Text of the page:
- The Washington Times - Monday, August 17, 2009

KABUL, Afghanistan | Top candidates made a last-minute push for votes Sunday, with incumbent President Hamid Karzai appearing in a televised debate in which opponents spent nearly 90 minutes criticizing his alliances with regional warlords.

Mr. Karzai skipped the only other debate last month, an awkward absence punctuated by opponents addressing his empty podium in the middle of the television screen.

Such events are a novelty for most Afghans, as is democracy itself, which will require voters to face the threat of terrorist attacks if they show up at polls Thursday to choose the next president and members of parliament. Taliban insurgents consider both television and democracy un-Islamic.

Thursday’s elections are also a crucial test for the Obama administration, which has more than 60,000 U.S. troops on the ground attempting to protect 33 million Afghans from a growing Taliban insurgency.

In Sunday’s debate, opponents Ramazan Bashardost and Ashraf Ghani scored hits on Mr. Karzai for a series of pre-election deals with warlords.

“There are those who claim they are fighting warlords, but today warlords have the main role in their campaign, and (one) is their first vice president; this is not acceptable for the people of Afghanistan,” Mr. Bashardost charged, according to a translation by Agence France-Presse.

The candidate declined to name names, claiming that could cause a bottle-throwing melee on television — a quip referring to debates in parliament that sometimes end with lawmakers throwing plastic bottles at each other.

Mr. Karzai is expected to win. But what was once considered a walkover for the incumbent has narrowed in recent days amid expectations he will fall short of the 50 percent vote needed to avoid a runoff.

The campaign of former Foreign Minister Abdullah Abdullah has surged into the No. 2 position in recent weeks. Mr. Abdullah, who took part in the July debate, was the no-show Sunday, but it was unclear why.

The latest opinion poll, released Thursday by the International Republican Institute (IRI), shows Mr. Karzai with 44 percent support, followed by Mr. Abdullah with 26 percent.

Mr. Bashardost, a member of parliament and former planning minister, received 10 percent, followed by Mr. Ghani, a former finance minister known for his close ties with U.S. officials, with 6 percent.

Deteriorating security was the primary concern of those polled in the IRI-funded survey, followed by a lack of jobs and economic prospects.

Mr. Karzai has won support of warlords Mohammed Qasim Fahim, who would be his vice president, and Abdul Rashid Dostam, who is nominally Afghanistan’s military chief. Mr. Karzai defends their support as necessary for national unity.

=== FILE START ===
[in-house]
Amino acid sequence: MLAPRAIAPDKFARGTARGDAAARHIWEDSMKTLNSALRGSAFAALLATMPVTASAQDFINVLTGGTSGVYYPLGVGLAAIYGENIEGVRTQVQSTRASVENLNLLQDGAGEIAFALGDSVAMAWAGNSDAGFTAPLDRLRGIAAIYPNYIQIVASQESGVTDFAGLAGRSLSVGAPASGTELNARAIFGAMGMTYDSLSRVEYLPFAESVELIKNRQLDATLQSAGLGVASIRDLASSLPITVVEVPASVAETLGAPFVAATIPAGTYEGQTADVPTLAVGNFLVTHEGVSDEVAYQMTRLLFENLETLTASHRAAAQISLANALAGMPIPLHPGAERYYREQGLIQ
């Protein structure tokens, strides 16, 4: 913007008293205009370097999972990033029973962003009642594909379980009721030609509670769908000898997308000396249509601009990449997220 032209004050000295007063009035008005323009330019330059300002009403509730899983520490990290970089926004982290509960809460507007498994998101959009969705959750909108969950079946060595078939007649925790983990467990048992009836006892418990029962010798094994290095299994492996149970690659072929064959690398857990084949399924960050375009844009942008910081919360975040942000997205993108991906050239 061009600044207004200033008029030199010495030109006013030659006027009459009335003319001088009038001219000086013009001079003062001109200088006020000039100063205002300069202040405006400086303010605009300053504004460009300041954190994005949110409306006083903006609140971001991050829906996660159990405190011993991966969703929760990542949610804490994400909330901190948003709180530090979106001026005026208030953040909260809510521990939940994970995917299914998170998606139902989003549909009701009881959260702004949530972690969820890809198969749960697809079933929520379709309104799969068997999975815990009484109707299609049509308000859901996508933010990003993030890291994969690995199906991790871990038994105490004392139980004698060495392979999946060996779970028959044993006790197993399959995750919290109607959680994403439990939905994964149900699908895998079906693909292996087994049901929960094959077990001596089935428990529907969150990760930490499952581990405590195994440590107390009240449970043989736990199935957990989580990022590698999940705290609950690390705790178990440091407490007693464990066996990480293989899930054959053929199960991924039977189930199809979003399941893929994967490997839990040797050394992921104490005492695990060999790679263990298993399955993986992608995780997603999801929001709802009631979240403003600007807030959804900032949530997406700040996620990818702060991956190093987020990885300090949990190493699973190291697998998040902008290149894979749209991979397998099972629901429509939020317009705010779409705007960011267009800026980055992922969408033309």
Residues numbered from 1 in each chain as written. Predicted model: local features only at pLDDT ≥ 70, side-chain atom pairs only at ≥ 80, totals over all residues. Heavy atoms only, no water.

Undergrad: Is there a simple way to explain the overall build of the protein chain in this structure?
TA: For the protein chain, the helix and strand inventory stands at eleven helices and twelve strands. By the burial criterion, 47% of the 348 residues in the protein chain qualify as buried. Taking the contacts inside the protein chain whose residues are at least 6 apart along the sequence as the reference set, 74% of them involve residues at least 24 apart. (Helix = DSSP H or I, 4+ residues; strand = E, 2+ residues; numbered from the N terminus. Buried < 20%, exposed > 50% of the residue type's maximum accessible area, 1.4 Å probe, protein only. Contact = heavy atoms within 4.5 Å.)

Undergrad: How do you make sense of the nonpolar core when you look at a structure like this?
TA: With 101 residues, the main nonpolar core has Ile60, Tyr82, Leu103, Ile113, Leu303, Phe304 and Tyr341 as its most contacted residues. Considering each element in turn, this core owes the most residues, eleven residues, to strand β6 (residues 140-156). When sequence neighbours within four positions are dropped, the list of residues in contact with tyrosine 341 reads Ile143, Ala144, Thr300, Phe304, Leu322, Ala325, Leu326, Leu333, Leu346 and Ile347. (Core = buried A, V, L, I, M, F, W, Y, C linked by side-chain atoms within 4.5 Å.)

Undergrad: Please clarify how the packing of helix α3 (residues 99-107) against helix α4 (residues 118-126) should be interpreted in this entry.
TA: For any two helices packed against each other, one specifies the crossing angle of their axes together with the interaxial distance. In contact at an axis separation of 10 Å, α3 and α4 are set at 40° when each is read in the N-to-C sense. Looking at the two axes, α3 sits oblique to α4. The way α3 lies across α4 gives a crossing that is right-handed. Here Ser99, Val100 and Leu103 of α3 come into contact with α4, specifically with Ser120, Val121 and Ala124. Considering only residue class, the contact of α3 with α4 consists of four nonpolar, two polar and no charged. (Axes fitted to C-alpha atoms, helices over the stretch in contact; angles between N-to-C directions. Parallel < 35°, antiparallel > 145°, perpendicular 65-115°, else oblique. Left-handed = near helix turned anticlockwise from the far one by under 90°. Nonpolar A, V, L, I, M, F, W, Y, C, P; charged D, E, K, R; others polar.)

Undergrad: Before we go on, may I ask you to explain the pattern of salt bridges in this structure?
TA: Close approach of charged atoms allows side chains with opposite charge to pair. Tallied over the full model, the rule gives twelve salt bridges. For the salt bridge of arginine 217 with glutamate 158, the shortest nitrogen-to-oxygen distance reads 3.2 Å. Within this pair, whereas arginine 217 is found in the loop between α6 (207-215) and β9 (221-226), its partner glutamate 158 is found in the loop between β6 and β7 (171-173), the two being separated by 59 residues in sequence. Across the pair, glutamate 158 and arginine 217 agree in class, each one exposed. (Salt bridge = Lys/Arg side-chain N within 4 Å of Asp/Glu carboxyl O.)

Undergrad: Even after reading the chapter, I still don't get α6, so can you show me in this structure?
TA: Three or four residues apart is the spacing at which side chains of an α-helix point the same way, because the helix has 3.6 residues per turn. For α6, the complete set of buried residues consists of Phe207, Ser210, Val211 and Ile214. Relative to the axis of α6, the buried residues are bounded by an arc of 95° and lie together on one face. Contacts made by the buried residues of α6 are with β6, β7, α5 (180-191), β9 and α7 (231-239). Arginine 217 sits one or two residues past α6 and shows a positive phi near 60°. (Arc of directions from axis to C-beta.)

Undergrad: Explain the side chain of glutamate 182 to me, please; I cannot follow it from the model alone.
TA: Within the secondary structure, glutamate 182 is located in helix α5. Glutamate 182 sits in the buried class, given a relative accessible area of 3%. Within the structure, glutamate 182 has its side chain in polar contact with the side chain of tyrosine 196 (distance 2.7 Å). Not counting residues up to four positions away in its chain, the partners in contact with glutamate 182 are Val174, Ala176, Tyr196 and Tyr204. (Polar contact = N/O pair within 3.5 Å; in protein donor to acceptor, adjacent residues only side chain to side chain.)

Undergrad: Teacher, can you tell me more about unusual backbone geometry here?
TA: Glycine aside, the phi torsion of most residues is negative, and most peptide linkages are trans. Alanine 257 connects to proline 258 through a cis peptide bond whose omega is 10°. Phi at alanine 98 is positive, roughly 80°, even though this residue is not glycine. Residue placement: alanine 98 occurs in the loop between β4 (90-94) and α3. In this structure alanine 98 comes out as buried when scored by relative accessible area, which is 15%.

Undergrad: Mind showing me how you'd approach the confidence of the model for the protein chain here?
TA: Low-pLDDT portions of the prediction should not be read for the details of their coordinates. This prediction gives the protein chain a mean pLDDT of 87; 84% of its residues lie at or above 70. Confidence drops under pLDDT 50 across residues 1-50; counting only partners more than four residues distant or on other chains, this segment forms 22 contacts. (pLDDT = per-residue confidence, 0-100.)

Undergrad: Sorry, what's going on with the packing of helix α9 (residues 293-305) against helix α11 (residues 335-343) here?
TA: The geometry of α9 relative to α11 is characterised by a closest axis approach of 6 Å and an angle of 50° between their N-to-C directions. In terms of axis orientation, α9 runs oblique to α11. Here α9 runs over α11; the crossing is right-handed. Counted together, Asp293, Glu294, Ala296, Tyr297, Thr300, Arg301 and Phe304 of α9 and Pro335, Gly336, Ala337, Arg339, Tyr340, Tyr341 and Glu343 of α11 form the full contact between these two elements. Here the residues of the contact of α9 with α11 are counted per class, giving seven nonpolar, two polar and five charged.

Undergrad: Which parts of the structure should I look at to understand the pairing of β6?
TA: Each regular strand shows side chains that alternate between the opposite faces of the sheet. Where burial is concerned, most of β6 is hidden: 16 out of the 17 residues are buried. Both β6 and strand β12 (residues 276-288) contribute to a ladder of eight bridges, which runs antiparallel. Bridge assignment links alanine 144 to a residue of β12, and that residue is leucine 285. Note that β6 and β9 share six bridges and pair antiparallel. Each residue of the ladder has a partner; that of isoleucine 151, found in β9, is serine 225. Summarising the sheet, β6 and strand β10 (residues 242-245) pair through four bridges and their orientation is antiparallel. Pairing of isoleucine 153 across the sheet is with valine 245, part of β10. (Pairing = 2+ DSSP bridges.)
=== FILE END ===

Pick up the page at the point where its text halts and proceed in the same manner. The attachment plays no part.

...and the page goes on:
Apart from insecurity, another major concern is electoral fraud. According to the Independent Election Commission, more than half of the population has registered, a figure that has roused suspicion because more than half the population is thought to be too young to vote.

Election observers estimate that militant violence will keep 700 of the countrys 7,000 polling centers from opening, mostly in the south.

Meanwhile, reports of voter registration cards for sale on the black market are rife, and underage Afghans are said to have received cards. And a disproportionate amount of registered female voters in some provinces suggests irregularities.

Jandad Spinghar, executive director of the Free and Fair Election Foundation of Afghanistan, an independent election-monitoring group, said men are registering multiple women in their families under the pretext that women cannot register in person because of cultural sensitivities.

In Kandahar, the name “Britney Jamilia Spears” appeared on one voter list.

Some monitors, including Mr. Spinghar, have spoken in terms of acceptable degrees of fraud, saying that anything under 10 percent would be acceptable.

Kai Eide, the top United Nations official in Afghanistan, said last weekend that fraud-prevention measures have been upgraded compared with the first presidential election in 2004. Once again, voters will be required to dip a finger in indelible blue ink to ensure they dont vote multiple times.

The Taliban, which has vowed to disrupt the vote with attacks against polling stations, reportedly has threatened to harm people with ink on their fingers.

In the south of the country, militants reportedly have been distributing “night letters” that threaten to cut off ink-stained fingers.

Over the weekend, a massive suicide car bomb detonated near the gate of the headquarters of the International Security Assistance Force, where NATO is based. The Taliban claimed responsibility for the attack that killed seven and wounded more than 90.

Mr. Bashardost, an ethnic Hazara who has run a shoestring campaign by canvassing the country in a beat-up bus, is a surprise story of the contest.

Dismissed as a populist eccentric, he has campaigned widely without bodyguards as an anti-corruption maverick denouncing ethnic patronage networks that have eroded public trust in the government.

“All the Afghan people trust me, no matter what [ethnic] group they belong to,” he said inside his campaign headquarters, a shabby tent, across the street from the national parliament. “I am a man of the people.”

According to polls, Mr. Bashardost is running ahead of Mr. Ghani, an urbane technocrat who was once considered a candidate to become secretary-general of the United Nations.

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